Caring for Leather
Practical and sensual, leather has been used to make quality garments, footwear,
bags, and accessories for thousands of years. Renowned for its durability
and versatility, leather resists tears, punctures, and extremes in temperature,
it contours beautifully with wear.
Leather ages gracefully and, with the
proper care, it can last a lifetime. You should be able to enjoy your fine
Overland leather purchase for years
to come by following a few simple guidelines.
Q. What should I do if my leather
garment/product gets wet?
A. Simply allow the item to air-dry naturally, being sure to keep it away
from any direct heat sources. Never blow-dry leather, or drape it over a
Once it has dried naturally, you can treat it with a special conditioner (see
below) to restore luster and flexibility. If the item is suede, you may gently
brush it with a terry-cloth towel.
Q. How should I store my leather items?
A. Store your leather goods in a moderate environment (i.e. not overly humid,
and not overly dry), making sure to keep items out of direct sunlight. To help
maintain shape, you'll want to hang leather clothing on wide or padded hangers,
and insert shoetrees or tissues in leather footwear and/or purses. Never store
leather goods in covers made of plastic or other non-breathable materials;
if you do so, they stand a chance of becoming dry.
Q. How do I clean leather?
A. In general, we strongly recommend you take your leather goods to a reputable,
professional leather dry cleaning facility. A regular dry cleaner won't do the
job well, unless they specify that they offer leather goods servicing. Essential
oils are removed during the cleaning process and can only be restored professional
leather cleaners. Winter salt deposits, however, can be removed at home by
gently sponging with clear water and then air-drying, as above. (If you decide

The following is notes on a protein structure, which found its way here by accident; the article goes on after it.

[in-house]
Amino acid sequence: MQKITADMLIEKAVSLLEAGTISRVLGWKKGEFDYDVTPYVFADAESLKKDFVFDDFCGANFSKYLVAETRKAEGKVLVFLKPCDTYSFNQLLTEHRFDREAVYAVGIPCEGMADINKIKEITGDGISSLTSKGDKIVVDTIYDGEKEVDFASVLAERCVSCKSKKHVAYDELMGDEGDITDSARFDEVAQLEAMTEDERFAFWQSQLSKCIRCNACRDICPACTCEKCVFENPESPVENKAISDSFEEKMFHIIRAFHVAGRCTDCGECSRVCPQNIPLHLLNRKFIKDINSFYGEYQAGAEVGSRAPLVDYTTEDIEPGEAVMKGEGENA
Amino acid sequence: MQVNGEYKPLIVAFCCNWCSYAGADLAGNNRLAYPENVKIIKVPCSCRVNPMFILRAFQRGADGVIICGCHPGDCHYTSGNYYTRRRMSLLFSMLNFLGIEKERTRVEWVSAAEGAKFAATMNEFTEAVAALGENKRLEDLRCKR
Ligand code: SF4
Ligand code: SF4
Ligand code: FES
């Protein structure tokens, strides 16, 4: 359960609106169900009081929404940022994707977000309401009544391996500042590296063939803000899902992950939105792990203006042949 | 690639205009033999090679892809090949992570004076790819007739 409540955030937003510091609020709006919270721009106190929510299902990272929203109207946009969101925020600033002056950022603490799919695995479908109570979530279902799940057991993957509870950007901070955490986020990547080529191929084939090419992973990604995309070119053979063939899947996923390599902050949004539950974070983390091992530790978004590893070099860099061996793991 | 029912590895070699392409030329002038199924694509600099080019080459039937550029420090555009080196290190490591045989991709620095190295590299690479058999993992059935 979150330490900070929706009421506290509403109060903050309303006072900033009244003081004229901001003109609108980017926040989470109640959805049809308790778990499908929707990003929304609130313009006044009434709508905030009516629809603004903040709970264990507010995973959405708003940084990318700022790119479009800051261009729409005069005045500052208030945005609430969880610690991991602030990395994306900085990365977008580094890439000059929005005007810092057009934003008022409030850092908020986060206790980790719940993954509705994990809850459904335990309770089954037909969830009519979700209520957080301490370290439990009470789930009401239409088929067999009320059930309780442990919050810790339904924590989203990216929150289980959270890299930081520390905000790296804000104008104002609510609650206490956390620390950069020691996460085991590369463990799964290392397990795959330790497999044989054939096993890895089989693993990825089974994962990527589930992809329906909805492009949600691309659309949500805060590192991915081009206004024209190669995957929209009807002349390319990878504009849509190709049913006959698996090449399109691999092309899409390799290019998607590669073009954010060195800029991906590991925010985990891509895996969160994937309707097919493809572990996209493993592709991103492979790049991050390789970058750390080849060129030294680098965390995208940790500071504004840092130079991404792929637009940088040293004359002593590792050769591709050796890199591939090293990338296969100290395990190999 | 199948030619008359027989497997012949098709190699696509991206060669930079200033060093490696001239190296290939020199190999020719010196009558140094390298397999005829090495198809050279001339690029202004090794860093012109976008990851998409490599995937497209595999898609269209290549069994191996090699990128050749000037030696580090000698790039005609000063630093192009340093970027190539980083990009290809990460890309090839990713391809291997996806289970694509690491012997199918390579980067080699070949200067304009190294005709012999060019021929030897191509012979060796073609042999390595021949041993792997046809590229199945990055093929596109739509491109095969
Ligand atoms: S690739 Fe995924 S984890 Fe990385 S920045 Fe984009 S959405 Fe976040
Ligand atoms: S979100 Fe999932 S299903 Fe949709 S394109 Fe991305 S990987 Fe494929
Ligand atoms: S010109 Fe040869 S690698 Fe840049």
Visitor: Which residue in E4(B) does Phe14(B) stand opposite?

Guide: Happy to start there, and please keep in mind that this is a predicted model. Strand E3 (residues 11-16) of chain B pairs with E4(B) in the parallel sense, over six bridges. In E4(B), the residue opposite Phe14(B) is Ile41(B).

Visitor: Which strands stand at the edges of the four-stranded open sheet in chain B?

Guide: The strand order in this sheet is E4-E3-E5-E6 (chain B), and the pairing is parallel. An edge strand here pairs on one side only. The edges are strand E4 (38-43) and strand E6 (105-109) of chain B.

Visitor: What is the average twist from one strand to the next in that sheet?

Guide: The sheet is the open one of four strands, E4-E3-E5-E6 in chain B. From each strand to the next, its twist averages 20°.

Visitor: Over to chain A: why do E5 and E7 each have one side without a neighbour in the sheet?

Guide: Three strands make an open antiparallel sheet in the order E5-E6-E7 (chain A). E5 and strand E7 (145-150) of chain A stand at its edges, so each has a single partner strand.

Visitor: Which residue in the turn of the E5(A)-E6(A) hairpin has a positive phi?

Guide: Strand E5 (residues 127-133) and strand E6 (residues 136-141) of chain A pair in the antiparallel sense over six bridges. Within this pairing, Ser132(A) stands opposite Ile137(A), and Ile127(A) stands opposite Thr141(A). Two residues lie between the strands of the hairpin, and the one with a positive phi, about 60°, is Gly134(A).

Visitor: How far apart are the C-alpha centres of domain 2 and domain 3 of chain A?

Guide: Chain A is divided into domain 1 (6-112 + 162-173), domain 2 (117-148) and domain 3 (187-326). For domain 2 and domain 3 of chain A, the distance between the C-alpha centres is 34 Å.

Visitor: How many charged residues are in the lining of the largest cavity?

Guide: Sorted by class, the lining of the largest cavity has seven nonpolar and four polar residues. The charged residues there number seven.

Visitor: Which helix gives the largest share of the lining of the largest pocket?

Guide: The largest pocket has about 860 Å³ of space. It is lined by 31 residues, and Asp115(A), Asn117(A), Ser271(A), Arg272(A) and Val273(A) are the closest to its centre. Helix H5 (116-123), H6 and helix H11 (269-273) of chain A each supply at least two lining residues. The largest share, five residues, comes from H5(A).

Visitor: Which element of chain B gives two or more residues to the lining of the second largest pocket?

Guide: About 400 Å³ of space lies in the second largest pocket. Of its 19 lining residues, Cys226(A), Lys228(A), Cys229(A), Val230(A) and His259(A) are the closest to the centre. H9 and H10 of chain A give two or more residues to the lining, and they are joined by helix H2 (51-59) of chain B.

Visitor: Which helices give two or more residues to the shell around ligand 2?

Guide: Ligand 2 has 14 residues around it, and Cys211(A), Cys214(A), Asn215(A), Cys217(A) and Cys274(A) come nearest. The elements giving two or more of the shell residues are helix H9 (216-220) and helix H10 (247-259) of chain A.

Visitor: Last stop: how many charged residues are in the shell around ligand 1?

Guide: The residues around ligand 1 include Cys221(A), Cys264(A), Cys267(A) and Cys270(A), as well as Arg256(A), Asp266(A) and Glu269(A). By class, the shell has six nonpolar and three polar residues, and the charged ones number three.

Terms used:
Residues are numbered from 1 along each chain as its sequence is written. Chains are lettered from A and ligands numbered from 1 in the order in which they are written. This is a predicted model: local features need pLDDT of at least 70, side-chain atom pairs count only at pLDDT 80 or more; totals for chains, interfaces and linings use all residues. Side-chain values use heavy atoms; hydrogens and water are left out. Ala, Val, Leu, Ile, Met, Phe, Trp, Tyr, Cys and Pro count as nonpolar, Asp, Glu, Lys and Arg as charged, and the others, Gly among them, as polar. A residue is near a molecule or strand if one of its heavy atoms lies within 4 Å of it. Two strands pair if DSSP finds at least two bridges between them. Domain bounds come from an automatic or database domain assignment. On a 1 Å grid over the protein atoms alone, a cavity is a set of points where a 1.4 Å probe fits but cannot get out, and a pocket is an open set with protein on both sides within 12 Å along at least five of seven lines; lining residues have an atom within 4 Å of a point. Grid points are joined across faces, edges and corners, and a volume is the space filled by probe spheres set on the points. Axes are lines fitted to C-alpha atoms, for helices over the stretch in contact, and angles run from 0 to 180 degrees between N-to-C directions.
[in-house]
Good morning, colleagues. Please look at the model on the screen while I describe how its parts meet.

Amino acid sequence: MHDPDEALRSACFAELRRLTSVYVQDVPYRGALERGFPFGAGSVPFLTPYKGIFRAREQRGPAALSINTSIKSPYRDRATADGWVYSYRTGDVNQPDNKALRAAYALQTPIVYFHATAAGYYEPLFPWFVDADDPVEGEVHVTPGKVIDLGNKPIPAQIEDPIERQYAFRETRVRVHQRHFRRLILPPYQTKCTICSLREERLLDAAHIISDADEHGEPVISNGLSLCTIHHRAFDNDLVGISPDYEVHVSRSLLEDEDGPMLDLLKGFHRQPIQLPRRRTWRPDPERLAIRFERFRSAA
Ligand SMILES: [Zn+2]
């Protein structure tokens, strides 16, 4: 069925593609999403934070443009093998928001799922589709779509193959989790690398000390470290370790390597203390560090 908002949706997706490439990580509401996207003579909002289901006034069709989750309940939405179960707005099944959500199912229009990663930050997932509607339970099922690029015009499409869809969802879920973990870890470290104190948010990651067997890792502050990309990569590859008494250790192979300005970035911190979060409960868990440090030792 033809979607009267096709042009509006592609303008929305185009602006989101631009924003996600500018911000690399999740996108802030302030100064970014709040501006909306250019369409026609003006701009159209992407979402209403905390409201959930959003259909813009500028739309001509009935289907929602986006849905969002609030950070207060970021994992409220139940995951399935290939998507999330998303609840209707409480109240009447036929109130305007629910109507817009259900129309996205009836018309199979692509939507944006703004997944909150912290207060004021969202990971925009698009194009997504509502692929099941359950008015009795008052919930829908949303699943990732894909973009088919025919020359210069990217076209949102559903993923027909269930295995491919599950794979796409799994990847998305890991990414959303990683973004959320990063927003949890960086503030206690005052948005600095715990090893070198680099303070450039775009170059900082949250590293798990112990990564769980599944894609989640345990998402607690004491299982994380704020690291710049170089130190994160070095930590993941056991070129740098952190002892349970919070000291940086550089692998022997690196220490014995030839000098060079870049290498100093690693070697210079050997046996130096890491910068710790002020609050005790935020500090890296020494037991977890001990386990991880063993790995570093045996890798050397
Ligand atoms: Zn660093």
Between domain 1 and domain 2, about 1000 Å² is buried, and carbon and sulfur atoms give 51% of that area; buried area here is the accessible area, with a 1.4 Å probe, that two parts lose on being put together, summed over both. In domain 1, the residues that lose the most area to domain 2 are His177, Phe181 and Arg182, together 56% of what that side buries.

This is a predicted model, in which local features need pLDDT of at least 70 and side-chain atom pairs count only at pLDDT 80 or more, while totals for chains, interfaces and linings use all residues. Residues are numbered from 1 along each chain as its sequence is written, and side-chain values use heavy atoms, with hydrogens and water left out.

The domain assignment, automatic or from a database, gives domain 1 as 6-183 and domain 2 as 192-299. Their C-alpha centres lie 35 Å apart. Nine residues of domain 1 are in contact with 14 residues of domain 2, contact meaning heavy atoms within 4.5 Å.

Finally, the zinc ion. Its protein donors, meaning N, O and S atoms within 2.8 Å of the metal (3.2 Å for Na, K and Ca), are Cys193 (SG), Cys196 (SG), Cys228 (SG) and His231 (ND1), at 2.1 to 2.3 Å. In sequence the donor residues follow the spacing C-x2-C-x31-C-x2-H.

to use an at-home leather-cleaning product on other stains, we recommend you
test it on an inconspicuous part of the garment first.)
Q. Can I iron
A. Wrinkles in leather tend to "hang out" if you leave the garment
on a quality, padded hanger. For more heavy-duty wrinkles, we strongly recommend
you take your leather garments to professional leather cleaners. If you decide
to do it at home, set your iron on the rayon (lowest) setting, use a pressing
over the garment, and iron quickly to avoid overheating and shine.
Q. How can
I mend and repair minor tears?
A. We strongly recommend you entrust leather repairs to a reputable leather
care professional. However, hems and other minor tears can mended at home by
applying rubber cement sparingly and according to instructions on the tube.
For best results, see a leather care professional.
Q. Should I use conditioning
products on my leather goods?
A. Quality leather conditioners contain fats and/or oils that help to moisturize
leather, keeping it supple, replenished, and lustrous. DO NOT use products
that contain petroleum or mineral oils, as they are very drying and can damage
leather over time. In general, look for products that contain quality natural
oils, like mink oil. But don't overdo it: leather conditioners are meant for
Q. Do I need to polish my leather items?
A. Polishing is done for special occasions when you want a more glossy finish
on your leather. There are a couple things to be wary of when purchasing a
polishing agent. Some products contain coloring factors that will brush off
on things you come in contact with. Some products also have a tendency to clog
the pores in leather or dry leather out. Just as with cleaning, be sure to
test out the product on a small area and when ready, buff to a shine.
products could be harmful to my leather goods?
A. As mentioned earlier, never use store-bought creams or gels containing
waxes or silicone; these ingredients will dry leather out and damage it over
You should also avoid spraying perfumes and hair sprays on leather.
Q. Can I
store leather in direct sunlight?
A. It's better not to store leather goods in direct sunlight, as this can cause
fading and "sunspots" over time.